Code Purple: Homeless welcomed in from cold in Kent County

DOVER — Kent County got a pass from the snow, but not from the cold.

Code Purple locations continue to remain open to help homeless persons in need of a warm shelter.

The shelters are open when temperatures and wind chills reach 25 degrees or below.

Code Purple light at city hall in Dover is a beacon of help for homeless. Photo by Arshon Howard/Delaware State  News

Code Purple light at city hall in Dover is a beacon of help for homeless. Photo by Arshon Howard/Delaware State News

Code Purple’s warning has been in effect since Jan. 23 and will remain that way until Jan.31, but Rebecca Martin, Code Purple Kent County director, said it might last longer.

“The way the forecast is looking now it might last until the first week of February,” Ms. Martin said.

The program started a year ago in Kent County and has continued to grow each day, Ms. Martin said.

“The staff and shelters have been outstanding,” Ms. Martin said. “We’ve been up for three weeks straight every day and night. People are still providing donations. It’s just been overwhelming.
Shelters are also available in New Castle and Sussex counties

“We just recently opened up some shelters in Milford and if we’re able to have some in Smyrna we’ll have all of the main cities in Kent County,” Ms. Martin said.

There is now a traffic light signal in front of City Hall that turns purple when a Code Purple is in effect.

“We installed it around November,” Mayor Robin Christiansen said. “We had talks with them as to how we could help and so we got together and put that up to make everyone aware when a Code Purple is in effect.”

Ms. Martin hopes other businesses downtown will get involved as well.

“Maybe they can have lights they can switch on when a Code Purple is in effect,” Ms. Martin said. “I know the Capital School District shine a purple light in their window. We just want everyone to help participate to help these people out.”

The snow which was predicted to be the season’s worst didn’t exactly turn out that way, but Ms. Martin said the organization was well prepared.

“We started preparing meals during the weekend prior because we don’t know how bad the storm was going to be,” Ms. Martin said. “For each shelter we wanted to make sure that we had enough to last for three to four days. We wanted to make sure we were prepared for anything.”

Unlike a full-time shelter, guests cannot be denied based on drug or alcohol use but judgment can be made by each shelter operator and its staff if an individual might pose a threat to themselves or others.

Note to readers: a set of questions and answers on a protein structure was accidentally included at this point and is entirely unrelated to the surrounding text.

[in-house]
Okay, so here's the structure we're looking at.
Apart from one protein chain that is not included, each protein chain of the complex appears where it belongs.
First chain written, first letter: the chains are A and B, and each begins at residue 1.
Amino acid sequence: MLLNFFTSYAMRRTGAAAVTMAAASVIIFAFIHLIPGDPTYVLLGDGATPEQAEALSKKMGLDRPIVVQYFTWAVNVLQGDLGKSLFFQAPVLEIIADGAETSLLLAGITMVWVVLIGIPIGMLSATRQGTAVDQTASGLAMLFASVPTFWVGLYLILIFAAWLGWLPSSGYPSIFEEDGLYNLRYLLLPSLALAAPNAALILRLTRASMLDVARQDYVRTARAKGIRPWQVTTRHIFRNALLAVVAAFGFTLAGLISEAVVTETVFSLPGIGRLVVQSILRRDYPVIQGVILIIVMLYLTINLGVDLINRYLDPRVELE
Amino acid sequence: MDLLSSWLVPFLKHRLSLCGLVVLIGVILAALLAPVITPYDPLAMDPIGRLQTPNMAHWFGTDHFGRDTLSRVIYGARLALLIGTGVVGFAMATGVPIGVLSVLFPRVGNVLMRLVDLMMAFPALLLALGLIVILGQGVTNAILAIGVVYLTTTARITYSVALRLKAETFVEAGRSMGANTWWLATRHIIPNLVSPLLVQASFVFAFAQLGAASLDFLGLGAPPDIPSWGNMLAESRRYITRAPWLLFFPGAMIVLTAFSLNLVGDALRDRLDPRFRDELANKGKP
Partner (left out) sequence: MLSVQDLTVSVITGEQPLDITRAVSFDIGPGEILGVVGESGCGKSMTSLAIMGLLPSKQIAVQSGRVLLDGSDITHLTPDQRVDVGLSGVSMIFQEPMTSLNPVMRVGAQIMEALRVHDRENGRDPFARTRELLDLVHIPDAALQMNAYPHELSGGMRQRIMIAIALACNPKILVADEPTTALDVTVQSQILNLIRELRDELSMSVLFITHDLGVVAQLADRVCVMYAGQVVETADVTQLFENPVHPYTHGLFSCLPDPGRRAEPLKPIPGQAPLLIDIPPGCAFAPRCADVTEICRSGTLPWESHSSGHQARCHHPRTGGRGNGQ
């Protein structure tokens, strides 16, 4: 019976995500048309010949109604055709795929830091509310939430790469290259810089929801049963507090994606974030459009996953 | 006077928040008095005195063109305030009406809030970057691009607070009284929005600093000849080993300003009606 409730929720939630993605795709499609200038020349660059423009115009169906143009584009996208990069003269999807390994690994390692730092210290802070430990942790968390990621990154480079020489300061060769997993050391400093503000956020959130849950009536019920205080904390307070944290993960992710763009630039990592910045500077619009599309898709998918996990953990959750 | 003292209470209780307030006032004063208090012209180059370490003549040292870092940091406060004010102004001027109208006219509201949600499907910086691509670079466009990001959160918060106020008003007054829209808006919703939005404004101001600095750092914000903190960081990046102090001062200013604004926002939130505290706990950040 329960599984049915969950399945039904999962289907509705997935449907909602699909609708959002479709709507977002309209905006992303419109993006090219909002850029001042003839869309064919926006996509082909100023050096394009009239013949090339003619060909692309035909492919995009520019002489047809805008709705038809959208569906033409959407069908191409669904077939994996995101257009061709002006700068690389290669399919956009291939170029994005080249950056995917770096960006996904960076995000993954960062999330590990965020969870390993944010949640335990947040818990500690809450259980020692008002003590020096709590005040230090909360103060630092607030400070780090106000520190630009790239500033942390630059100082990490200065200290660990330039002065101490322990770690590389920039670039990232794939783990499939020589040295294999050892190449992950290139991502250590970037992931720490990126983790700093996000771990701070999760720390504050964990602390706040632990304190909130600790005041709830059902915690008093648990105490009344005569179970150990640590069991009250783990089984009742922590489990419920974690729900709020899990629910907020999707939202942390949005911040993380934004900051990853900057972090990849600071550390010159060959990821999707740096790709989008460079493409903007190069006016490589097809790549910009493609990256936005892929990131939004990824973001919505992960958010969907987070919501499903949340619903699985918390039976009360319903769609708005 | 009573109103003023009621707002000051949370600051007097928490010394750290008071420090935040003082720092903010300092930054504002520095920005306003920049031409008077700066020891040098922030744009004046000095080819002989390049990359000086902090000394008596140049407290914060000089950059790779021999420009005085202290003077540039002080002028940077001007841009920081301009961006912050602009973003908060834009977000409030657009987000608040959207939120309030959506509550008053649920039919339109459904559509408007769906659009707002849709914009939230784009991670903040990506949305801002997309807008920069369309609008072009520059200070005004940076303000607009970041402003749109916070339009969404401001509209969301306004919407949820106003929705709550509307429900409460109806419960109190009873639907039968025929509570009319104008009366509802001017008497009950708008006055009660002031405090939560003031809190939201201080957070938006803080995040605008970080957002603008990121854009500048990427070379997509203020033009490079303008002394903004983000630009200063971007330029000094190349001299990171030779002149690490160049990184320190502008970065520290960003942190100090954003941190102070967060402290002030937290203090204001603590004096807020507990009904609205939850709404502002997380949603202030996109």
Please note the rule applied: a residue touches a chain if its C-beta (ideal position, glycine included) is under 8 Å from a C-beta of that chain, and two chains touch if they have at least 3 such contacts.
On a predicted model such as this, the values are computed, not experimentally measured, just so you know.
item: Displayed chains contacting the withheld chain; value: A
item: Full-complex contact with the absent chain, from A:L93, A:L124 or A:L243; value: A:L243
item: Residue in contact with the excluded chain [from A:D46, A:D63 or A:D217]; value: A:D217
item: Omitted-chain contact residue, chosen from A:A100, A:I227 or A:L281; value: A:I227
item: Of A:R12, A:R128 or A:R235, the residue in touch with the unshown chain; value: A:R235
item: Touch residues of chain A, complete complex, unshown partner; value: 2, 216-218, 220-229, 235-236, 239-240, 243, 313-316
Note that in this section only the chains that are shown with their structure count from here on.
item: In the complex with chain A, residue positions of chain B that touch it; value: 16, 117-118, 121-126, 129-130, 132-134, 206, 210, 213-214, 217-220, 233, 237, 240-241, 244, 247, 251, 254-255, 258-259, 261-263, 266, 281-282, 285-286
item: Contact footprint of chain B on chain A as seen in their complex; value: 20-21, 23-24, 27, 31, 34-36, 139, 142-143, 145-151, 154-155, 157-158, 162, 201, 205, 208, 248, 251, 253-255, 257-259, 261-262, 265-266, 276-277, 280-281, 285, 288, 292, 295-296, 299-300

“Combined, we had about 60 people come in to try and stay warm during the storm,” Ms. Martin said. “There are people that didn’t want to come in, but Code Purple members went out and gave them blankets and tried to help them out as much as they could.”

It is purely a volunteer effort that keeps the organization running, so parishioners and members of the community play a vital role in accommodating people seeking the shelters’ services.

Dinner and breakfast come with stays at Code Purple sanctuaries, along with “Blessing Bags” including food, gloves and hats, among other items, distributed on departure.

Jack McGlothin and Justino Melendez, known as the “Dynamic Duo,” help package the food.

“We wake up and we’re at it until we’re sleep,” Mr. Melendez said. “We’ve been doing this since November.”
Mr. McGlothin said the duo prepares the food at a drop of a dime.

“Sometimes we prepare the food ahead of time or cook food for churches at the different shelters. We may make chilly or soup in a crock pot and deliver it to them,” Mr McGlothin said.

The food comes from donations, said Ms. Martin. Both frozen and perishable items are stored at the Dover Interfaith Mission for Housing.

“We are very well stocked,” Ms. Martin said. “We have plenty of food. Right now, we’re having an issue with breakfast food, but we’re reaching out to the community and, hopefully, people will continue to help us out.”

Both Mr. McGlothin and Mr. Melendez are excited to see the continuous growth of the organization. They hope to help out as much as they can for as long as they’re able to.

“We do it because it’s in our hearts to do it,” Mr. Melendez said. “We appreciate what this place has done for us.

“In the past, living high off the hog, I treated people like this and this environment like bums. But living here I’ve learned that life is a chance and you are either in a hill or in a valley — and this is our valley.”

Anyone seeking information can call a toll free line at (800) 733-6816, Code Purple officials said. Shelters are open from 5 p.m. until 7 a.m.

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